...to the OP, I would've said that makes you a domestic terrorist by definition and if I ever hear you talk like that again I'll report you to homeland security


    I like Cailbro's approach.
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    May 09, 2010 4:42 PM GMT
    Red_Vespa> So my response was to offer no opinion of my own, except to remind this student to avoid emotional outbursts, and then to ask his fellow students for their own views. ...when possible, peer pressure is very powerful, and the kids can say things to each other that teachers dare not

    I'm glad to hear this worked out in your classroom. Might be a sign of some gains we've made... or that you teach in a liberal community. But as you note, it may not always be possible. In the Bible belt, perhaps most of the students would have whipped out their Bibles and agreed. (And it'd be less likely that there was a gay teacher present, but just as likely that one or two students present were gay.)
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    May 09, 2010 4:44 PM GMT
    Saying something about your student to the school admin and/or counselor would be a good idea. There's been enough stories of teen snipers in schools. What if this young man took it upon himself to do something about students in the school he thinks are gay?
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    May 09, 2010 4:44 PM GMT
    Caesarea4 saidSatyricon331> QFT

    QFT?
    Queer For That?

    Are you commenting on abelian0 or what he said? (:



    hahaha

    QFT = quoted for truth
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    May 09, 2010 4:47 PM GMT
    twonutbuster saidI told him it's not right, and all people are different. What would you have said?


    I look forward to seeing you repeat this class in summer school....Sucka!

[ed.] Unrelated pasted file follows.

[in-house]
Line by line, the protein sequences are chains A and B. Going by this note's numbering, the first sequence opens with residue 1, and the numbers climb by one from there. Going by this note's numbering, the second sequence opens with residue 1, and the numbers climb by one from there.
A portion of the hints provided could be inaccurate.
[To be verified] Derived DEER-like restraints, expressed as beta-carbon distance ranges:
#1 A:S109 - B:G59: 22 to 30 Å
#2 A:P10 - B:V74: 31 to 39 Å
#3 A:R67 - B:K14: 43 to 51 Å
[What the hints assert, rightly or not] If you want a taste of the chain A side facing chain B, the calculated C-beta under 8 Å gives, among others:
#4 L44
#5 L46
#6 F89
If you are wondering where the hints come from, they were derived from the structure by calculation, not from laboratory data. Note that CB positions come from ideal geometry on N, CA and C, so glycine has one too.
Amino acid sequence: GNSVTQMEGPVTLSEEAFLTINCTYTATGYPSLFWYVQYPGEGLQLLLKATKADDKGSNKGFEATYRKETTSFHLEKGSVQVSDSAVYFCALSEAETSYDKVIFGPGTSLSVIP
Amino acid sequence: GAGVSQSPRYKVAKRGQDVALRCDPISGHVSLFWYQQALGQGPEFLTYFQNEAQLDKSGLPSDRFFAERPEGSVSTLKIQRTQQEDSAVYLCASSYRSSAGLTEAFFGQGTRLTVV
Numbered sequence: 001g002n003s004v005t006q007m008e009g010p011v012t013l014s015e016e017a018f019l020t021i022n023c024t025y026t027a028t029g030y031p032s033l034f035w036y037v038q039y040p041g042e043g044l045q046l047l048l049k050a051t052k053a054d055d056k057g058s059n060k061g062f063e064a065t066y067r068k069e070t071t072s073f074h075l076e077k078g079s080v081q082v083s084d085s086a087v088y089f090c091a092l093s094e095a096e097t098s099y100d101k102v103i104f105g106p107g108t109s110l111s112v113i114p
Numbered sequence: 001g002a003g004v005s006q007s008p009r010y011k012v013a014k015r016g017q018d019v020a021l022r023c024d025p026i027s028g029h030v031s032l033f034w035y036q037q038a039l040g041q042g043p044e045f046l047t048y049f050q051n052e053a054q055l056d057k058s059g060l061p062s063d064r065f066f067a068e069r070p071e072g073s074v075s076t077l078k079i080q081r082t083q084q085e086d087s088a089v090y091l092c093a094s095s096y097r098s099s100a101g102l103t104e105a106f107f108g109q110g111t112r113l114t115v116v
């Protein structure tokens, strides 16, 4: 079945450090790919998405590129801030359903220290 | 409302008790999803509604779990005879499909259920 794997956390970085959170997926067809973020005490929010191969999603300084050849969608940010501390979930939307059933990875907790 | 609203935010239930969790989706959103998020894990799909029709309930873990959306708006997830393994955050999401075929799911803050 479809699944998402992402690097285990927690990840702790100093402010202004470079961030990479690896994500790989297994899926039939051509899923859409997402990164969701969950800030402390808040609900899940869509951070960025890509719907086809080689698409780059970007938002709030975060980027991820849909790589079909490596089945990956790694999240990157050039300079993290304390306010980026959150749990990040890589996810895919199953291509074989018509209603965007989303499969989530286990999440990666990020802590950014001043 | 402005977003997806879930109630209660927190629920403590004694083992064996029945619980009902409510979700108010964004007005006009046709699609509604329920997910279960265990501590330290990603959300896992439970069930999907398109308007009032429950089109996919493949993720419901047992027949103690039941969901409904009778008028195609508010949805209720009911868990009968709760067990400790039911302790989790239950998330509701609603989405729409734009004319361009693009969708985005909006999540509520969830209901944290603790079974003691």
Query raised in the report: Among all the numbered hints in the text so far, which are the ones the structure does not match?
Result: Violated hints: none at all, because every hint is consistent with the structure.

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    May 09, 2010 4:47 PM GMT
    ...and all this time I thought it meant Quit Fucking Toads. Bill thought it meant Quick Flying Toes. So we had a huge fight and didn't speak for a month (obvious joke). icon_lol.gif

    -Doug
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    May 09, 2010 5:00 PM GMT
    wrestlervic said...bring in his parents for a discussion. Chances are that's where his values are coming from. Tell his parents directly that that kind of animosity towards other people is unacceptable, and perhaps he needs to be taught a lesson outside of school.

    I would not recommend that. This is Winslow, Arizona. Remember, the state that just passed the anti-immigration bill? That is trying to require President Obama to show that state his birth certificate? (Both actions violations of the US Constitution and the concept of Federalism, but supported by a majority of Arizonans)

    It's up to the school administrators to call the student's parents in, which I doubt they will, if they're White (or is this a mostly Native American school?). The parents can just counter that any complaints about their child's statements are infringing on their religious principles, and sue the school.

    Keep in mind this is a key reason US Christian groups have opposed anti-gay hate laws. They claim it would be a violation of their religious freedom if they could not preach against gays, according to their beliefs. (Despite exemptions for religious groups in these laws, which are conveniently overlooked by them in their hateful desire to prevent gays from having any protections at all)

    Therefore, I would not advise the OP to place himself in the middle of a controversy that might get him fired. He does more good staying where he is than falling on his sword, which is just playing to the homophobes who would be glad to see him gone.